Paul Krugman Criticizes Bitcoin, Projecting It Will “Set the Monetary System Back 300 Years”
American Economist, Paul Krugman, who’s known for actively criticizing Bitcoin, went at it again noting that its like will negatively disrupt the monetary system, with higher chances of its presence stimulating a downgrade to the growth it has achieved thus far.
Krugman normally takes to his New York Times column to voice matters related to cryptocurrencies, and this time, nothing stopped him from doing so. In particular, he seems to have shared two key reasons as to why the cryptocurrency market is doomed for failure – reintroducing friction transactions and the lack of tether.
The first argument made revolves around the notion of “frictionless transactions”, which he believes has been the key in driving traditional monetary systems up. He perceives Bitcoin has coming in between the progress, slowing down currently existing systems and going back as earlier as 300 years.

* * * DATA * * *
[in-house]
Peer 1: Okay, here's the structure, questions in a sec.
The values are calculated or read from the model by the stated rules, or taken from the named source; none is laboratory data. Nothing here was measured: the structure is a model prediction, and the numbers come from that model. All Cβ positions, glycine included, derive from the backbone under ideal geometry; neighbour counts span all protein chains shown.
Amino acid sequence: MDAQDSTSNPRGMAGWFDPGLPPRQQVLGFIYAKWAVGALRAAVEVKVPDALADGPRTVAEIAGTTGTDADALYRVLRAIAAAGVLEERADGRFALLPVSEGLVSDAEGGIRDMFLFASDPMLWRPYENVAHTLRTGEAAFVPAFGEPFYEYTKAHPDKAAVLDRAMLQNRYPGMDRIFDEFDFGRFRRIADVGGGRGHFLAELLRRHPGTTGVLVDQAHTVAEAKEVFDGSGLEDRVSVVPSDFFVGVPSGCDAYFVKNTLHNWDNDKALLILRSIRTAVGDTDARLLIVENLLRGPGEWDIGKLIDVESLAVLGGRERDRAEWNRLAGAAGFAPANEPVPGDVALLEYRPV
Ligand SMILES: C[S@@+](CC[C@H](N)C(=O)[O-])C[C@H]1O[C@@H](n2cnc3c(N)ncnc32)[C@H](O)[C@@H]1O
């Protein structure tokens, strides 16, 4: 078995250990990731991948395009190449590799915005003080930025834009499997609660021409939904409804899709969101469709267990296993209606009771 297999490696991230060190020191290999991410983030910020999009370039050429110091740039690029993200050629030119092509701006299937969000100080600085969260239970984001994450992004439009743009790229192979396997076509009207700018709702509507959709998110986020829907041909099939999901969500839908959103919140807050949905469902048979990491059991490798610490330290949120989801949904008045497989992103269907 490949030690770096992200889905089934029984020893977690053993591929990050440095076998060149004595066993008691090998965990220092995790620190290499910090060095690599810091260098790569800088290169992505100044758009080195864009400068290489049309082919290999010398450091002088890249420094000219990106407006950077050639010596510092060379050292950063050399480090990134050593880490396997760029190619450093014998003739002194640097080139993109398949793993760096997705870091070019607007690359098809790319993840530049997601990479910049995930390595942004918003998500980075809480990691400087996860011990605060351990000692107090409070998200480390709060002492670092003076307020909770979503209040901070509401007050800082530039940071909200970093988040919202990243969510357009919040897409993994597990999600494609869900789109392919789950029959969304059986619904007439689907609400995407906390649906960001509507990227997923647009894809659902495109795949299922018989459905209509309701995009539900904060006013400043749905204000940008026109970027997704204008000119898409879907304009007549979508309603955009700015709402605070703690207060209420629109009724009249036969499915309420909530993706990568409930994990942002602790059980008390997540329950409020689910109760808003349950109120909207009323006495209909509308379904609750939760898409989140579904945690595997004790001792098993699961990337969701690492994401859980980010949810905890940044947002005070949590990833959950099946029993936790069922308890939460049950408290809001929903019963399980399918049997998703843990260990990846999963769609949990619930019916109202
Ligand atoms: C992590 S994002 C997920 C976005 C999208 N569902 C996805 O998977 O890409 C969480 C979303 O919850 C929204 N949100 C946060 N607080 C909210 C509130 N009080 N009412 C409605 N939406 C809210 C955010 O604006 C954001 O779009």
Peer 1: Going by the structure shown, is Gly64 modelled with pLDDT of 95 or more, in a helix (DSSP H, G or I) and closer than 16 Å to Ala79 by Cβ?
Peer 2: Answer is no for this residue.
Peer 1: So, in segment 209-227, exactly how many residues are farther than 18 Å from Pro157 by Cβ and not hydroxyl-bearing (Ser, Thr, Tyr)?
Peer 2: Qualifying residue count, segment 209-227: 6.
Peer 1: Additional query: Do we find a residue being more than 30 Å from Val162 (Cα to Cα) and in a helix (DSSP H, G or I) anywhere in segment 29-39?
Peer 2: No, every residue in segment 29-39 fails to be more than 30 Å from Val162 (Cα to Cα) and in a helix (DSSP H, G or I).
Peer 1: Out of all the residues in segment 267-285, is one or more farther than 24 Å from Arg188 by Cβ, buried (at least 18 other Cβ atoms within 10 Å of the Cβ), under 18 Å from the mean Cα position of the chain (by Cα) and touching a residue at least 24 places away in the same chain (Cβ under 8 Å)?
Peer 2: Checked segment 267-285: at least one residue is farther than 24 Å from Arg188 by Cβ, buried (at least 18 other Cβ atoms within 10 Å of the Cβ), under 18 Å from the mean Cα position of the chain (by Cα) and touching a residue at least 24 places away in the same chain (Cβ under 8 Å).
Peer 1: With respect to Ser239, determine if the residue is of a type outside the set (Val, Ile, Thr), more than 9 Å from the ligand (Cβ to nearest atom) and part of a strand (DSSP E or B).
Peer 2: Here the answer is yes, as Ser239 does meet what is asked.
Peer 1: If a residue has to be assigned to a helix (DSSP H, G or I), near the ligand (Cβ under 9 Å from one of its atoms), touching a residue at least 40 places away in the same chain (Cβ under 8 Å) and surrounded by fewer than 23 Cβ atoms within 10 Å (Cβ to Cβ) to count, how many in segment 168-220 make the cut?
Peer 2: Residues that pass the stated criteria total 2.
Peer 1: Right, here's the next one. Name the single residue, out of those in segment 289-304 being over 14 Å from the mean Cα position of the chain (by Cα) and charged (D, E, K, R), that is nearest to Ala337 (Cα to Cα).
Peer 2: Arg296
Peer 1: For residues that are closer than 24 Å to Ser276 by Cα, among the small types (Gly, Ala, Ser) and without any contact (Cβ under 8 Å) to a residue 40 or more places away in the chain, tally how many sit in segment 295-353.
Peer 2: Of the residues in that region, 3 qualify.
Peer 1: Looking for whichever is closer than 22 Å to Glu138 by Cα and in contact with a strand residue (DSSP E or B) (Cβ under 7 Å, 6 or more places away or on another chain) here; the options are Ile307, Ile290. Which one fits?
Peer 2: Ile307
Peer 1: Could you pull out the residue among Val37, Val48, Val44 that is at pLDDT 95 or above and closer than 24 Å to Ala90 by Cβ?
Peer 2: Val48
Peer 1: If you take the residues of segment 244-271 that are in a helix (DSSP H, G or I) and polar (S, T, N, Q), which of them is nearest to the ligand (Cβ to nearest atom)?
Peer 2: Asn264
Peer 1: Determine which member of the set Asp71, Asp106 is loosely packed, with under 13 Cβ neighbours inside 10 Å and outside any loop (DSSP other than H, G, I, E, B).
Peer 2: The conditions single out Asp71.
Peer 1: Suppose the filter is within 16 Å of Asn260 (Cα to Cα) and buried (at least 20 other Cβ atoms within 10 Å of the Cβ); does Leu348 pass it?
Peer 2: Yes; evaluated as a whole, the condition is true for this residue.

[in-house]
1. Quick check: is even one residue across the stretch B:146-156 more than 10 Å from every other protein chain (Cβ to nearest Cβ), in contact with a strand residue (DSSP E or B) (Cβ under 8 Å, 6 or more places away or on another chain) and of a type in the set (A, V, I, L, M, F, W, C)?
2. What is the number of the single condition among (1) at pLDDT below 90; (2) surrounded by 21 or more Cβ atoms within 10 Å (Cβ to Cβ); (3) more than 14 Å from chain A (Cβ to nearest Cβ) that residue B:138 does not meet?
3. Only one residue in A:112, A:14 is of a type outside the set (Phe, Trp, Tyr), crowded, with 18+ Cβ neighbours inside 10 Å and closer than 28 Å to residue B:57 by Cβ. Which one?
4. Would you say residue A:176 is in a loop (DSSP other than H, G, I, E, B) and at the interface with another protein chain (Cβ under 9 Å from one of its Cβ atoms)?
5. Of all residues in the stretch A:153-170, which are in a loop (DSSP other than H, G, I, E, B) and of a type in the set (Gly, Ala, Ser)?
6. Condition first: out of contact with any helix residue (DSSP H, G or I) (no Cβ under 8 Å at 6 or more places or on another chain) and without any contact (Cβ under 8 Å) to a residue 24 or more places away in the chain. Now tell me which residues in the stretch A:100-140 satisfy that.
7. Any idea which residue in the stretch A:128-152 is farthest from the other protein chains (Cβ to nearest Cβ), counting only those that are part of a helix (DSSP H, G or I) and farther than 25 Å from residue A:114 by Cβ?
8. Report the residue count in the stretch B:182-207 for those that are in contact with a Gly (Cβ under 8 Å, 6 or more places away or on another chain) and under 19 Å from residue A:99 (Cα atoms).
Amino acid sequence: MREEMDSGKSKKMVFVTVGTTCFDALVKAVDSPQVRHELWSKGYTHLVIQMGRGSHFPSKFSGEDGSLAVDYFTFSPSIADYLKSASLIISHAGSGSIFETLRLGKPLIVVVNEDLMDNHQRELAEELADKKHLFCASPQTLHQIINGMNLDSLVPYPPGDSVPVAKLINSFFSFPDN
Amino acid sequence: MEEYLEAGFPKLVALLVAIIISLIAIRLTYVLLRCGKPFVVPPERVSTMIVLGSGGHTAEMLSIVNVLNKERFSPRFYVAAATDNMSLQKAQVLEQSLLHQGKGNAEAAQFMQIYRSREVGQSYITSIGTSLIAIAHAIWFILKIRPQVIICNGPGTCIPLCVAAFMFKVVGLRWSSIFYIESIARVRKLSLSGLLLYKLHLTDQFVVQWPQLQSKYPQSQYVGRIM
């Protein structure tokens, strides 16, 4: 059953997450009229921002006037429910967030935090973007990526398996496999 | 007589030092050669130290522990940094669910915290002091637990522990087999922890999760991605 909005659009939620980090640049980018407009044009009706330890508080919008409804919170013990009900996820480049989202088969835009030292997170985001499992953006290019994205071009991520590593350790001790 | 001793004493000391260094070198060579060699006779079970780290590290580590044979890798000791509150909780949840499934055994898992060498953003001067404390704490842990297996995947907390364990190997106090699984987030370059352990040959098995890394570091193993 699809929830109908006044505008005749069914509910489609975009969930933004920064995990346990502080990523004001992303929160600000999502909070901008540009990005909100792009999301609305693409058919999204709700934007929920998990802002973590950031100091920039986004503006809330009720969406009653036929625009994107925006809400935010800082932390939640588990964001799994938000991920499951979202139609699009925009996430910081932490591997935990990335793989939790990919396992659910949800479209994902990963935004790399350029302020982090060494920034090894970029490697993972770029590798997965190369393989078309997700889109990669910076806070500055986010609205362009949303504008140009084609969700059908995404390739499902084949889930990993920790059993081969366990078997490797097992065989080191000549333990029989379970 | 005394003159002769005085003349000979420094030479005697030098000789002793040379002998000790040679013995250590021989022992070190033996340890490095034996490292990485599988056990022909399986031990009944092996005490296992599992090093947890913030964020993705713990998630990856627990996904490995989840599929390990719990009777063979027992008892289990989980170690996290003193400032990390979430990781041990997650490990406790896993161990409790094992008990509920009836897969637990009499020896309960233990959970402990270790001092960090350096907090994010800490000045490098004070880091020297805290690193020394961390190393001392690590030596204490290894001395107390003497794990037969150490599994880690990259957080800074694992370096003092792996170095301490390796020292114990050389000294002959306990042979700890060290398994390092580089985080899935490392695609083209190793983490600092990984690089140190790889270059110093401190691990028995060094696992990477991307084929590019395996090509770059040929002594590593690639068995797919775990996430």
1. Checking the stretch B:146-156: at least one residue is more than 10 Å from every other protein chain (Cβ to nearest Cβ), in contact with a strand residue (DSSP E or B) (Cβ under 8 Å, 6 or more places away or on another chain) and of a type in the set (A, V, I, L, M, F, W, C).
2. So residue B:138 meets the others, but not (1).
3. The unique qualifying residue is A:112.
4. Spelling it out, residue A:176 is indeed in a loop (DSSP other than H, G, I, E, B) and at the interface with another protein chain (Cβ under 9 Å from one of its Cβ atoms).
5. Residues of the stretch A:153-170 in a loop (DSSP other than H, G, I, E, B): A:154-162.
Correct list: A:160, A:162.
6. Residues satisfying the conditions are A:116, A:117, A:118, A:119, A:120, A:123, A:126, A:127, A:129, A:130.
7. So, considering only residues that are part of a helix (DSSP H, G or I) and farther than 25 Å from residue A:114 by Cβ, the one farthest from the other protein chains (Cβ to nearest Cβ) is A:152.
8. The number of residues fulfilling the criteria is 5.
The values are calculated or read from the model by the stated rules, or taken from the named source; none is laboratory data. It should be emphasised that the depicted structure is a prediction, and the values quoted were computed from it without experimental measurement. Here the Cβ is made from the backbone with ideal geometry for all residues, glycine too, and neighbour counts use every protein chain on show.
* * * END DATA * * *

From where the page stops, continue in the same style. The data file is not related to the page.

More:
“Set against this history [of money], the enthusiasm for cryptocurrencies seems very odd […] In other words, cryptocurrency enthusiasts are effectively celebrating the use of cutting-edge technology to set the monetary system back 300 years. Why would you want to do that? What problem does it solve?”
He also added that bitcoin will neither serve as an alternative store of value, nor will it last as a medium of exchange.
The second argument he makes involves those who carry hard cash, adding that such individuals only do so to prevent taxation or to participate in illegal activities. The only gain he thinks Bitcoin potentially has is that its value is “tethered”.
Another point made to back up his case went as follows:
“Cryptocurrencies, by contrast, have no backstop, no tether to reality. Their value depends entirely on self-fulfilling expectations – which means that total collage is a real possibility.” He also noted that those who are doubtful of the giant will surely watch it become “worthless”.
Do you think Krugman’s arguments hold for Bitcoin’s possible falling? Or do you think he lacks the indispensable understanding on the technology at hand?